A brave new world for PDF’s? Utopia Documents explained.

21 Jan, 11 | by BMJ

Following on from last week’s discussion of information-seeking behaviour, today we’ll be exploring one way of transforming individual articles into portals to greater information; Utopia Documents .

What is Utopia Documents?

At its most basic level, Utopia Documents is a PDF reading tool that allows articles to be augmented with interactive content, and helps the reader explore data associated with a particular paper. It’s a desktop application for reading and exploring papers, and functions in many respects like a normal PDF reader. Its real potential becomes  clear when configured with appropriate domain-specific ontologies and plugins. Once these are in place, the software transforms PDF versions of articles from static facsimiles of their printed counterparts into dynamic gateways to additional knowledge, linking both explicit and implicit information embedded in the articles to online resources, as well as providing access to auxiliary data and interactive visualisation and analysis tools. For a thorough demonstration of the software, take a look at the video below:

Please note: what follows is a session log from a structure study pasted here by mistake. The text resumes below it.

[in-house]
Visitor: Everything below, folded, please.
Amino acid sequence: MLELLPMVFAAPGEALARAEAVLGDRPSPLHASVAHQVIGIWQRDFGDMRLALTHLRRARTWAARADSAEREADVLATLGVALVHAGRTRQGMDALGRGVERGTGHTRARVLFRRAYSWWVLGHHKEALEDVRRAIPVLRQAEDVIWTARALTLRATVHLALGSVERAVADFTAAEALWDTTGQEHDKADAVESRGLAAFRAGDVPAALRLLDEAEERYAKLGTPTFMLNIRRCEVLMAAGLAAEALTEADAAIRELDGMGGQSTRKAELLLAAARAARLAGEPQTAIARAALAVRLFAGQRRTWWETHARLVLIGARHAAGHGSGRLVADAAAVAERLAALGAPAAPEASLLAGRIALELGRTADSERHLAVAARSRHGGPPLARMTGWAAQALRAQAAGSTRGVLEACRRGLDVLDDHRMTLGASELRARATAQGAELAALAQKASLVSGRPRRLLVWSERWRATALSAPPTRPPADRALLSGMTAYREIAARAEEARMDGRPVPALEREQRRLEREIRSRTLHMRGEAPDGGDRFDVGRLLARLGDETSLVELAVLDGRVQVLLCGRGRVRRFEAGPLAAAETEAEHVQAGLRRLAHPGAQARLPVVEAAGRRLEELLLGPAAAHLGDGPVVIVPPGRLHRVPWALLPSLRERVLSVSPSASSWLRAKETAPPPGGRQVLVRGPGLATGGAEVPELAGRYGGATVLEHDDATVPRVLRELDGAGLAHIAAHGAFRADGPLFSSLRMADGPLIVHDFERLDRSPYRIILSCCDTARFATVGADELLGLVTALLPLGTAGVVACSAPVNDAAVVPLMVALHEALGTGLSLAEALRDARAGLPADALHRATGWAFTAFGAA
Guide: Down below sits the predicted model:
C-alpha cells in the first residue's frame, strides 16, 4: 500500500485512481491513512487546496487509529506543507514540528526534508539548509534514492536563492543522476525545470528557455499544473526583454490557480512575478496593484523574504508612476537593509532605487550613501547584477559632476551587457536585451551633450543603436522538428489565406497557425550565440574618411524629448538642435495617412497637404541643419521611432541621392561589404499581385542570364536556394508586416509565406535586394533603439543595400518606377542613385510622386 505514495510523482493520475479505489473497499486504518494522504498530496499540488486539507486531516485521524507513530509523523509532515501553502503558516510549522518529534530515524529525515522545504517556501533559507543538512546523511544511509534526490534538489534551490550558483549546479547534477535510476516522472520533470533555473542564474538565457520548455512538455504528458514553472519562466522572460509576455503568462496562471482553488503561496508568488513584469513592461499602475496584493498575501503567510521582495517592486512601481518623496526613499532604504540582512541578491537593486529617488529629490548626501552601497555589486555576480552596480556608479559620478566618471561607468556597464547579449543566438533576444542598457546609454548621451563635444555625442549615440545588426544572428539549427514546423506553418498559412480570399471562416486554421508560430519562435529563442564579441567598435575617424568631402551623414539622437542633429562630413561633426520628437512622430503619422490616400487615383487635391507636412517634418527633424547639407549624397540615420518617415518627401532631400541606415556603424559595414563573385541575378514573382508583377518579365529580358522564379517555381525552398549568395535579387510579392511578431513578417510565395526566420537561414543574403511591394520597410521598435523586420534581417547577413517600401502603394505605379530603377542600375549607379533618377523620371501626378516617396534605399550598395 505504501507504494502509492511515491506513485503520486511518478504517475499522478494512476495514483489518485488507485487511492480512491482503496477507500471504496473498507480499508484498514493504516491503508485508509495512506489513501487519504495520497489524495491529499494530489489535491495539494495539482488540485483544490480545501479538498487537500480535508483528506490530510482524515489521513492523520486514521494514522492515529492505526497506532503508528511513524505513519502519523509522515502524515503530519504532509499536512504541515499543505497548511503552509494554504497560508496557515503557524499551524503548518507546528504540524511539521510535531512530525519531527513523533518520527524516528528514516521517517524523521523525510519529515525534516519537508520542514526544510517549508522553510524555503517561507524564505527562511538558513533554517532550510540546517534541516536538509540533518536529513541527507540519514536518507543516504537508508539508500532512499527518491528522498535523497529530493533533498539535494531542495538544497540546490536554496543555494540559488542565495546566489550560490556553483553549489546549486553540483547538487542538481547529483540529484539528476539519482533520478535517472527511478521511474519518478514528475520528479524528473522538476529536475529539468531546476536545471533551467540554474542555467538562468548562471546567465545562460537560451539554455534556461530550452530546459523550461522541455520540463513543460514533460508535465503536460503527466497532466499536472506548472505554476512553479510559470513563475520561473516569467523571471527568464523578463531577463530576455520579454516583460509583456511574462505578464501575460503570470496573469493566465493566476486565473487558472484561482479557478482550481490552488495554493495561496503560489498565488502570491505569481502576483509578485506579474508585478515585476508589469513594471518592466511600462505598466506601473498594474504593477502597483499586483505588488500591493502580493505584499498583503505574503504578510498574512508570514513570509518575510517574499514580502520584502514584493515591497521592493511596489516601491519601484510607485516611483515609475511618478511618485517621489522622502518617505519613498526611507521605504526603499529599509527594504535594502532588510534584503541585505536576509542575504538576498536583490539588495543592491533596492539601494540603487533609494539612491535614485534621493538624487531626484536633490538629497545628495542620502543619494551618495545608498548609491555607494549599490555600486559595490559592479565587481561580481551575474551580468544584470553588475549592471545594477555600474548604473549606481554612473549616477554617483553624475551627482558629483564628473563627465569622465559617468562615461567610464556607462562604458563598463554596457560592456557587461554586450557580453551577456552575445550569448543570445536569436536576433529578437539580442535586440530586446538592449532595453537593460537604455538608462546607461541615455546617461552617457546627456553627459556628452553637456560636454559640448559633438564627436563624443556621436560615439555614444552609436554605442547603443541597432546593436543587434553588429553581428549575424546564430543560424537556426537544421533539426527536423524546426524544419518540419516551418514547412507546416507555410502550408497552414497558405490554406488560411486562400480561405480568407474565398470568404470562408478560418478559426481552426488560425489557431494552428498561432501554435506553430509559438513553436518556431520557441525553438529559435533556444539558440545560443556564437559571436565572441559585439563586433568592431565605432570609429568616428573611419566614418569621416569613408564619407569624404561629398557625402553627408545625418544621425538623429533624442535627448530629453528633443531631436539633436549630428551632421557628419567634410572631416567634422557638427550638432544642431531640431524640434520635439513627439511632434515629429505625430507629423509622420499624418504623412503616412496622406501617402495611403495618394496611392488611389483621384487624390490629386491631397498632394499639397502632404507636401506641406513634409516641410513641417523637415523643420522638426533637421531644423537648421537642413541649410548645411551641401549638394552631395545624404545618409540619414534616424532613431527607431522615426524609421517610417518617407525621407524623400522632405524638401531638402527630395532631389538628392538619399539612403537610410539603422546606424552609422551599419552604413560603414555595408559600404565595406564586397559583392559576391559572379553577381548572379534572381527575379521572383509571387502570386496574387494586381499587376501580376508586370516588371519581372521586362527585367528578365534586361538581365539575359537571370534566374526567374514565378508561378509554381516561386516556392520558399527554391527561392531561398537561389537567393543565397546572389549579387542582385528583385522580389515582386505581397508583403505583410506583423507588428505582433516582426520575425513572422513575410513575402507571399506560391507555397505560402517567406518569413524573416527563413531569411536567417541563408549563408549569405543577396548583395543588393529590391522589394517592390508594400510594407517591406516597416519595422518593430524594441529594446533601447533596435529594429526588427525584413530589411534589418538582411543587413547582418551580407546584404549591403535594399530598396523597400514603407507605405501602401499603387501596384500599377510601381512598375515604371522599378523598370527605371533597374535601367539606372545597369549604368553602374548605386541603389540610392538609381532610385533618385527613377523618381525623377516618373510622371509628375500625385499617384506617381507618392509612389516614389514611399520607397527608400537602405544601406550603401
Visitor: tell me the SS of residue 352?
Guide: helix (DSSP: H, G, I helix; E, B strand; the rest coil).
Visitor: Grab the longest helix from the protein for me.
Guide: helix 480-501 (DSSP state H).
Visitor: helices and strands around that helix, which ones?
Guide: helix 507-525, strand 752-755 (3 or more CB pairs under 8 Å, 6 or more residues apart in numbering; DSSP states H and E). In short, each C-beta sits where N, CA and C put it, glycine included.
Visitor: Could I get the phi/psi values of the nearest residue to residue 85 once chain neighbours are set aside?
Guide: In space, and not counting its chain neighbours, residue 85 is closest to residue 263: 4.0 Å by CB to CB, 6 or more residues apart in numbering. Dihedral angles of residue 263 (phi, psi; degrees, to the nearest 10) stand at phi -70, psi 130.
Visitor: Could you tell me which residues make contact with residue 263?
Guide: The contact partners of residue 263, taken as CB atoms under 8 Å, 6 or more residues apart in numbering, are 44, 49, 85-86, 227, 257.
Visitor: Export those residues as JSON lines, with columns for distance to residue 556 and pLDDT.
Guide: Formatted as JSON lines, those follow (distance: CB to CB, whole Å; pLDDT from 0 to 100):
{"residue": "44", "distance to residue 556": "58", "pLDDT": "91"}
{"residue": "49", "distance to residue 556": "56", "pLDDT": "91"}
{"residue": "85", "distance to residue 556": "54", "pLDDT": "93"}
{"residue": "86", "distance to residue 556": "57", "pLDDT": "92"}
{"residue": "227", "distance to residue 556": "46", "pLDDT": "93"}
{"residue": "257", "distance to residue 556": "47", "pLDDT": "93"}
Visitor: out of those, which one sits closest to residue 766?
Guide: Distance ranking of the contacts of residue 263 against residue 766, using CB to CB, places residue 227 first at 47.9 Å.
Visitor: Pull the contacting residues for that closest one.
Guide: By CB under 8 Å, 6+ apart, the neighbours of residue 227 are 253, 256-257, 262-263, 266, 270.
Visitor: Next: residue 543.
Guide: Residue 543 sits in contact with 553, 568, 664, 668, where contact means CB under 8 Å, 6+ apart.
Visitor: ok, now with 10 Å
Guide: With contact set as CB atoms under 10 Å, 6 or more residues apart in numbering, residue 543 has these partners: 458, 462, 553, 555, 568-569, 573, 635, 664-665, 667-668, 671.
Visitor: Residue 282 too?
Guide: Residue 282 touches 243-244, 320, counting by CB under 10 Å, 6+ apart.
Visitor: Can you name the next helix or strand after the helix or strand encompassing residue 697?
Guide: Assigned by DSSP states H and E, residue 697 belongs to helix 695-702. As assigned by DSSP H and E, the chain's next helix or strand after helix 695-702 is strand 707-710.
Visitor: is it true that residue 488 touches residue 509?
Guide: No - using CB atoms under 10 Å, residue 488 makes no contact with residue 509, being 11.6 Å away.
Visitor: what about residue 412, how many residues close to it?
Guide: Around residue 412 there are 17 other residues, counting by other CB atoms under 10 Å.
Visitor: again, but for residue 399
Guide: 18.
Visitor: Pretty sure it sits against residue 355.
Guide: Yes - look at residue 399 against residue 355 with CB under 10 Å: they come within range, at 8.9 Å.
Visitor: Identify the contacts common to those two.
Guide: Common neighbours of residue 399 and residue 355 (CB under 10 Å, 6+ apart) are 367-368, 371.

Why concentrate on PDF’s and not HTML?

Given the huge investment in XML/HTML versions of articles, are we taking a step backwards by semantically-tagging our PDF’s? Professor Teresa K. Attwood, who led the bio-informatics component of the EPSRC/DTI-funded UTOPIA(d) project, argues that:

“Utopia Documents was developed in response to the realization that, in spite of the benefits of ‘enhanced HTML’ articles online, most papers are still read, and stored by researchers in personal archives, as PDF files. Several factors likely contribute to this reluctance to move entirely to reading articles online: PDFs can be ‘owned’ and stored locally, without concerns about web sites disappearing, papers being withdrawn or modified, or journal subscriptions expiring; as self-contained objects, PDFs are easy to read offline and share with peers (even if the legality of the latter may sometimes be dubious); and, centuries of typographic craft have led to convergence on journal formats that (on paper and in PDF) are familiar, broadly similar, aesthetically pleasing and easy to read.”

Further authors have responded to reservations regarding the semantically-limited nature of PDF’s as being a non-issue.

“We argue that PDFs are merely a mechanism for rendering words and figures, and are thus no more or less ‘semantic’ than the HTML used to generate web pages. Utopia Documents is hence an attempt to provide a semantic bridge that connects the benefits of both the static and the dynamic online incarnations of published texts.”